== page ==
Subbuteo returns to emphasise the chasm between the simple game of football of the 1970s and the modern day multimillion pound corporate industry.

September 4, 2010

A regional daily newspaper has found a new way around the ban on photographers imposed by Southampton Football Club – by using Subbuteo table football figures to recreate a match!! The Swindon Advertiser invented this surreal idea as a way of covering the Johnstone’s Paint Trophy match between Swindon Town and Southampton, as the latter brought in the controversial ban on press photographers at its ground last month, stipulating that newspapers should instead pay for images taken by its own professionals.

Although no longer possessing the power and clout they once had, regional papers have quite rightly refused to buy the club’s photos and many have found alternative ways of covering the game, including using pictures from cartoons.  Anthony Marshall, chief sports writer at the Swindon Advertiser, decided to use the popular football game of the 1970s, Subbuteo, to recreate key moments from the match.  He meticulously painted the plastic football players so they were in the correct colours and set up a pitch in the office of the local newspaper.  He then recreated  the match on the Subbuteo pitch and had photos taken of the key incidents.  Anthony Marshall summed up the farcical situation at St Marys, when he commented: ” Regardless of their history – when a club in the third tier of English football starts talking about image rights then you know something is drastically wrong with the game we all know and love.”

The very act of using the using the simplistic and popular game of Subbuteo from the 1970s, to circumnavigate the foolish greed of modern day football clubs perfectly emphasises and illustrates the malaise that has crept into the modern day game since the advent of the Premier League, funded by the revenue streams from Sky TV!! Let’s face it, even in it’s day Subbuteo was a clumsy, fiddly, pedestrian tabletop game, but it evokes memories of a sport that was played for the people, not for the benefit of financiers, entrepreneurs and shareholders. For most of the 20th century, the fan was the main shareholder in the football club, as the club relied on the gate receipts from the turnstiles to fund it’s business. Of course the financing of the club was supplemented by the sale of match day programmes, Bovril and a meat and potato pie at half time and perimeter fencing advertising.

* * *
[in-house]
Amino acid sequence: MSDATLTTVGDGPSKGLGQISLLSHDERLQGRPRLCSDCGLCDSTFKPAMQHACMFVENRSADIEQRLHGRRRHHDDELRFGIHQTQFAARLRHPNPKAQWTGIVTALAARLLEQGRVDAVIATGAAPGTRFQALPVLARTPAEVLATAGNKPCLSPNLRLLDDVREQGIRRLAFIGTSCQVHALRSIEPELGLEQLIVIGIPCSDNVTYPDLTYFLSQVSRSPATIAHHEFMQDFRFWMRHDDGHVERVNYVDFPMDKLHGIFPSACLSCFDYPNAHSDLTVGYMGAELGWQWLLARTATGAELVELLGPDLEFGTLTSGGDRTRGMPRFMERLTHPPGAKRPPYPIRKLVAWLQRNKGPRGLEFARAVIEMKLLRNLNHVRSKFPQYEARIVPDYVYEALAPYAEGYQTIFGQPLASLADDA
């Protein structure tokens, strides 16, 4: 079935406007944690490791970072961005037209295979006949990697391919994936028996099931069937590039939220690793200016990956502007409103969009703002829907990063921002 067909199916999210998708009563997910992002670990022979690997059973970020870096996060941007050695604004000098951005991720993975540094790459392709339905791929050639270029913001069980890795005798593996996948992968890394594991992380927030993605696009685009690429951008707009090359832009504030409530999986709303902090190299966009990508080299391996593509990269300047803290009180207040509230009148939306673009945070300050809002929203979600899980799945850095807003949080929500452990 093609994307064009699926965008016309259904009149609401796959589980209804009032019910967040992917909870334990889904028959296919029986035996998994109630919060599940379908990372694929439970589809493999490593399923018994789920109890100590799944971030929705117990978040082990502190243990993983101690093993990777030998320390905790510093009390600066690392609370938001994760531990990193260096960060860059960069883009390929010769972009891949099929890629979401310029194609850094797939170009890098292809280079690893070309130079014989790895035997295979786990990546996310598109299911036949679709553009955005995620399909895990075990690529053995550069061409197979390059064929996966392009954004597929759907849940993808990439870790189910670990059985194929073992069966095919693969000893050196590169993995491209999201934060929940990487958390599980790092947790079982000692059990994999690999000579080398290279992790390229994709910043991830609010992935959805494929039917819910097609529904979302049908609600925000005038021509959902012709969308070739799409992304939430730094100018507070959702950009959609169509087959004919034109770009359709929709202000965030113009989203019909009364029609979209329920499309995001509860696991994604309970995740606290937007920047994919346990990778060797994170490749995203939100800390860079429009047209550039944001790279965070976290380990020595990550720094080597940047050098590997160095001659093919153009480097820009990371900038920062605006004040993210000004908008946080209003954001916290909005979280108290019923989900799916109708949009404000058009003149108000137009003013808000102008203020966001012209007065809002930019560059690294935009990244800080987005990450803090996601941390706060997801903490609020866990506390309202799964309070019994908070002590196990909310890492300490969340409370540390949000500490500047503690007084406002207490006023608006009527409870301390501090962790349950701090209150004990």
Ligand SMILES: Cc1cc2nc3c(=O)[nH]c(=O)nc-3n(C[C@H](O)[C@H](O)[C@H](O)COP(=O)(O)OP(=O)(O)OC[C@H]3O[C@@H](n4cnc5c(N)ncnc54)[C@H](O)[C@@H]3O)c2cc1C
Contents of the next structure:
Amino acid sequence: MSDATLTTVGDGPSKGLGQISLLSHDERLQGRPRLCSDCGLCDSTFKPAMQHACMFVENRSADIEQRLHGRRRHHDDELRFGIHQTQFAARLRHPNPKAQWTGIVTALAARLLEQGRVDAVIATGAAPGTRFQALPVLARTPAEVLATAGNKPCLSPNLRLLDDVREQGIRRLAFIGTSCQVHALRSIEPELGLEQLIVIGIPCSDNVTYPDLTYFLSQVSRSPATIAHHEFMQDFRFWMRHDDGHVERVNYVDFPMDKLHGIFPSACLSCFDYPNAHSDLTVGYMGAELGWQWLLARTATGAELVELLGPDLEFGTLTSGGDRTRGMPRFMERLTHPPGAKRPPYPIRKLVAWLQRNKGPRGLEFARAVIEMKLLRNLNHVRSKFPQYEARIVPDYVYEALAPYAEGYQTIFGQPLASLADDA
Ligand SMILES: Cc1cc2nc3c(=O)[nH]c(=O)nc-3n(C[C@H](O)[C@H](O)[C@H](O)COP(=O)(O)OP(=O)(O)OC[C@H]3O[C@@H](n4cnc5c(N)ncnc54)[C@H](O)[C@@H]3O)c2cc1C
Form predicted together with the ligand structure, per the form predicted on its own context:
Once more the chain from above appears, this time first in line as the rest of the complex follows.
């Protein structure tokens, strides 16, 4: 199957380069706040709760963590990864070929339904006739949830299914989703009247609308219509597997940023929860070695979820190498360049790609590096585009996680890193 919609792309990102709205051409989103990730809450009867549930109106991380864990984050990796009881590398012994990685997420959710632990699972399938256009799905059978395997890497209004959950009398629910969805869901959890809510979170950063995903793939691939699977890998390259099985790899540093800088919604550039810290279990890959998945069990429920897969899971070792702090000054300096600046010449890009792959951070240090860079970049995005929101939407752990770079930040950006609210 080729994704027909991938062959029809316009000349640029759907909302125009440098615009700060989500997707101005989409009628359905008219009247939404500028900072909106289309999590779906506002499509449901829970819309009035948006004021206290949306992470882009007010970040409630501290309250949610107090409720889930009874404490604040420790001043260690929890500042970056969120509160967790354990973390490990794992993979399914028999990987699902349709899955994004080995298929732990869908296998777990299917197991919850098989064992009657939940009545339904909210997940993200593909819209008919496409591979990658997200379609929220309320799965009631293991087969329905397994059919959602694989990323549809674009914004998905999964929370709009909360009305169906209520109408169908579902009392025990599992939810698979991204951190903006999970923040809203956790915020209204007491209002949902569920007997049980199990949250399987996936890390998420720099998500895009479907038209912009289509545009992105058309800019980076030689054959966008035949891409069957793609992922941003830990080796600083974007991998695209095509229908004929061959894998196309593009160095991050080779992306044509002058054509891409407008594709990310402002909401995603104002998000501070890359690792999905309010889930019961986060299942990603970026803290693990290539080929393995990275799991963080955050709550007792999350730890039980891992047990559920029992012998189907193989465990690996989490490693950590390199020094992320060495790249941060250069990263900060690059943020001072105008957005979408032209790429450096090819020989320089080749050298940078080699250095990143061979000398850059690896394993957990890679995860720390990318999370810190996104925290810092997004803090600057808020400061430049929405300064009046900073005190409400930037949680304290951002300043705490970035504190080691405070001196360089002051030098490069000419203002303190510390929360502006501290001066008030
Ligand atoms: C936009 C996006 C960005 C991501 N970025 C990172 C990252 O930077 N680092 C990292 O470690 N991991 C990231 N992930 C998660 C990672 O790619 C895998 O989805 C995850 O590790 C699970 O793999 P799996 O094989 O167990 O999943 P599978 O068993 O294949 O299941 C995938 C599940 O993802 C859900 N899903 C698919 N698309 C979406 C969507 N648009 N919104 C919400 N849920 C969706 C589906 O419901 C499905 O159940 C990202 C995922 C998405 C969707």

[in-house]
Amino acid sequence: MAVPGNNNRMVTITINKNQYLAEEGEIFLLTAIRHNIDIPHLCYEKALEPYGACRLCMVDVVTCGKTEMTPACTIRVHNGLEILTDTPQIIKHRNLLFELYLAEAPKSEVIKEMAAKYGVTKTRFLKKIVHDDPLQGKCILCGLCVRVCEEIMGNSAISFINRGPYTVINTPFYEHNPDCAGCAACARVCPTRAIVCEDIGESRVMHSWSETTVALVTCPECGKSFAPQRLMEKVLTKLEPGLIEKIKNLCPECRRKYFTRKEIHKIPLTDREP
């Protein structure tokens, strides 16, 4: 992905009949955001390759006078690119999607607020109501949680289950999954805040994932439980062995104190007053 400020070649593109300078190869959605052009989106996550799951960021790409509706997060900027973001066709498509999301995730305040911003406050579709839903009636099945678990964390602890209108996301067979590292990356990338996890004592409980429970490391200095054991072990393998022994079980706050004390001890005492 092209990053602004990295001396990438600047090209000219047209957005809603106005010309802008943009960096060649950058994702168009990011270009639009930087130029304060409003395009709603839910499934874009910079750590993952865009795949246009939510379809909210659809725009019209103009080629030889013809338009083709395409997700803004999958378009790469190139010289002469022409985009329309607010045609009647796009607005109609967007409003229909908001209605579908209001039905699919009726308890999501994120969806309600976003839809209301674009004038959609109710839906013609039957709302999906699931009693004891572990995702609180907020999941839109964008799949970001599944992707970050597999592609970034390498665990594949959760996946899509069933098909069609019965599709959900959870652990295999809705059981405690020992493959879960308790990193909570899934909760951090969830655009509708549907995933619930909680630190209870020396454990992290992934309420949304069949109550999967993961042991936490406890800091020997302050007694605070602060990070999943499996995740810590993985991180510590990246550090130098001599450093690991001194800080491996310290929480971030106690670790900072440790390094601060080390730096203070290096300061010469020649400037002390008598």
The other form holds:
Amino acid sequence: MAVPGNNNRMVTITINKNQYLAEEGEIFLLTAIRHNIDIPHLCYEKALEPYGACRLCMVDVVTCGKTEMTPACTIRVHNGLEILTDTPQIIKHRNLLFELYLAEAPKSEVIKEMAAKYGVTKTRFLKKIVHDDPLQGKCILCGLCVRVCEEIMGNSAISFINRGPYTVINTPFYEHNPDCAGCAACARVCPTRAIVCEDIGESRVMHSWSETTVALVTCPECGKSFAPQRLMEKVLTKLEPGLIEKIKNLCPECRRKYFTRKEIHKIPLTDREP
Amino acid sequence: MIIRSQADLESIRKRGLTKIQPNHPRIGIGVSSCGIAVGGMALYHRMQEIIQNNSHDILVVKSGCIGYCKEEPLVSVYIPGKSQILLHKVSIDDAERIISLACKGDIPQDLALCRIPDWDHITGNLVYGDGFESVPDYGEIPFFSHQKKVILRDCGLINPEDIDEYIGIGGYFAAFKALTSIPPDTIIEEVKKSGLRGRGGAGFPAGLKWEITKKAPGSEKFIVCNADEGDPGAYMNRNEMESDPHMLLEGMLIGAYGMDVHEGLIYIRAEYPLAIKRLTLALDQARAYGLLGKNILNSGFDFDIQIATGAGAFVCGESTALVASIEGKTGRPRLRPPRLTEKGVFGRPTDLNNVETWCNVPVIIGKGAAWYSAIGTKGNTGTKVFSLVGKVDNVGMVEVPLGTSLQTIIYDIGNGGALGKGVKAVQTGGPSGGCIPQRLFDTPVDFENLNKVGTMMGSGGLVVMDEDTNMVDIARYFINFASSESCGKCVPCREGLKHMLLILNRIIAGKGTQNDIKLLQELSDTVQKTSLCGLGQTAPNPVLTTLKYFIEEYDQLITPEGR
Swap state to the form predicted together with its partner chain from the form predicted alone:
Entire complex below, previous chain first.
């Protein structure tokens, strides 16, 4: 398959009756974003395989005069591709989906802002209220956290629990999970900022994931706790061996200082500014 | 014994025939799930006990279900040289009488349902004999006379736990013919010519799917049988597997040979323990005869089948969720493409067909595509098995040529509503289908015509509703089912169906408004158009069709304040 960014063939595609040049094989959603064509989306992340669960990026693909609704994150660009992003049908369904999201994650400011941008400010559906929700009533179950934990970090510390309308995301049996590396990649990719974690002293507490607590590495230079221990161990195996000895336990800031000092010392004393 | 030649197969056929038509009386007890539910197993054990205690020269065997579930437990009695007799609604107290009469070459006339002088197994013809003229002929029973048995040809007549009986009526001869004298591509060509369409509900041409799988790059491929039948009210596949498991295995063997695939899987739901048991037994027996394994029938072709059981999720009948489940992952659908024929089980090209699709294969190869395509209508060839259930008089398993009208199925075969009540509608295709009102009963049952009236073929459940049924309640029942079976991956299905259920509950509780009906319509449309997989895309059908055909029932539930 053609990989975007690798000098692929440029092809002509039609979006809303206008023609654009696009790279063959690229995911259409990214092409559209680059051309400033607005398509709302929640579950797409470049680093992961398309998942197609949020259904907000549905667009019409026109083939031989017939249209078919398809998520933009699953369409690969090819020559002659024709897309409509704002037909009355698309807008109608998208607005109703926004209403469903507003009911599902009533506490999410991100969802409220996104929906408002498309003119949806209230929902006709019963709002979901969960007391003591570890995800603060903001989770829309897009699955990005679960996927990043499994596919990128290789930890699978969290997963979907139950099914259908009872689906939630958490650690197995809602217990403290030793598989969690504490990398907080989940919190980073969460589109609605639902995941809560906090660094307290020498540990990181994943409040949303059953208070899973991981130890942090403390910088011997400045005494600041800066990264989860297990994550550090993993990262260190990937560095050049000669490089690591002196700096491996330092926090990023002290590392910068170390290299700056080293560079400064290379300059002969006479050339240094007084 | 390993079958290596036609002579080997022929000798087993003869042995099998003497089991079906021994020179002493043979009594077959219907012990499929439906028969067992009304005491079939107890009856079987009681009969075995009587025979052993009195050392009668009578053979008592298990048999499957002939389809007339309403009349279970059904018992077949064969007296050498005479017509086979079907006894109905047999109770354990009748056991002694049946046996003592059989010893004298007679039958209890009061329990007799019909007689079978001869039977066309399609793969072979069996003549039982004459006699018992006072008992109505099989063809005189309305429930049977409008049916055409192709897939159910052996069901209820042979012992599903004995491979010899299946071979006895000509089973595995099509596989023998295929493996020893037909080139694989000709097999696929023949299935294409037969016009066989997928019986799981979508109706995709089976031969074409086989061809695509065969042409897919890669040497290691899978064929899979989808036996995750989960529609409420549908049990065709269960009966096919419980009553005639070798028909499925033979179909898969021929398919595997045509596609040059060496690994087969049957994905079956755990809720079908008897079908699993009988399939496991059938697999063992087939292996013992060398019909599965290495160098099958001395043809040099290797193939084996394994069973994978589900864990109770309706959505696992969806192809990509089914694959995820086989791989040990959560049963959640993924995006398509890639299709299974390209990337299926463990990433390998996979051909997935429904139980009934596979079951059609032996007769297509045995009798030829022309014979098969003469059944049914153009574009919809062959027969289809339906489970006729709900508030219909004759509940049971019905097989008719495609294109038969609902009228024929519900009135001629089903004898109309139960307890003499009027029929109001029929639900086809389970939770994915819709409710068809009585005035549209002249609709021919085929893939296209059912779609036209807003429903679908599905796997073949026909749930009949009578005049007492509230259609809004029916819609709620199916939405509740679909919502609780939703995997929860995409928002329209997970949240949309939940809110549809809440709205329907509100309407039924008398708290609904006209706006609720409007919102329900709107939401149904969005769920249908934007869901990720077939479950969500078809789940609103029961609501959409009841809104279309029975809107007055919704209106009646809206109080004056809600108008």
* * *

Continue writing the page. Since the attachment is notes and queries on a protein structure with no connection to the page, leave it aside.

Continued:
In the 1980s, we witnessed our football teams’ traditional shirt colours clashing with the garish logos of club sponsors, but we could live with that. In the 1980s, we could still relate to the player: he was one of us, a down to earth, working class bloke  with a talent who earned in one week, what we earned in a month. In 2010 the chasm between the fan and the player is massive, exemplified by the fact that the top players earn in one week, what the average person would earn in five years!!

We were told that the advent of the Premier League in 1992 would herald the dawning of a golden era for the football fan, but all that has happened in the intervening eighteen years is that the sport has been submerged in corporatisation and commercialism, and the fan has become totally disenfranchised and divorced from the game. The drowning out of the vocal support of fans by the tedious vuvazelas during this summer’s World Cup matches, is symbolic of the muting of the fans’ voice in the modern game in general. And that is why England’s dismal performances in the World Cup were met with such derision and hostility: all we wanted was for the players to forget their Bentleys and Ferraris for a month, and instead drive the nation’s ambitions towards the latter stages of the competition with the same passion and pride that the fan exhibits every match day!!

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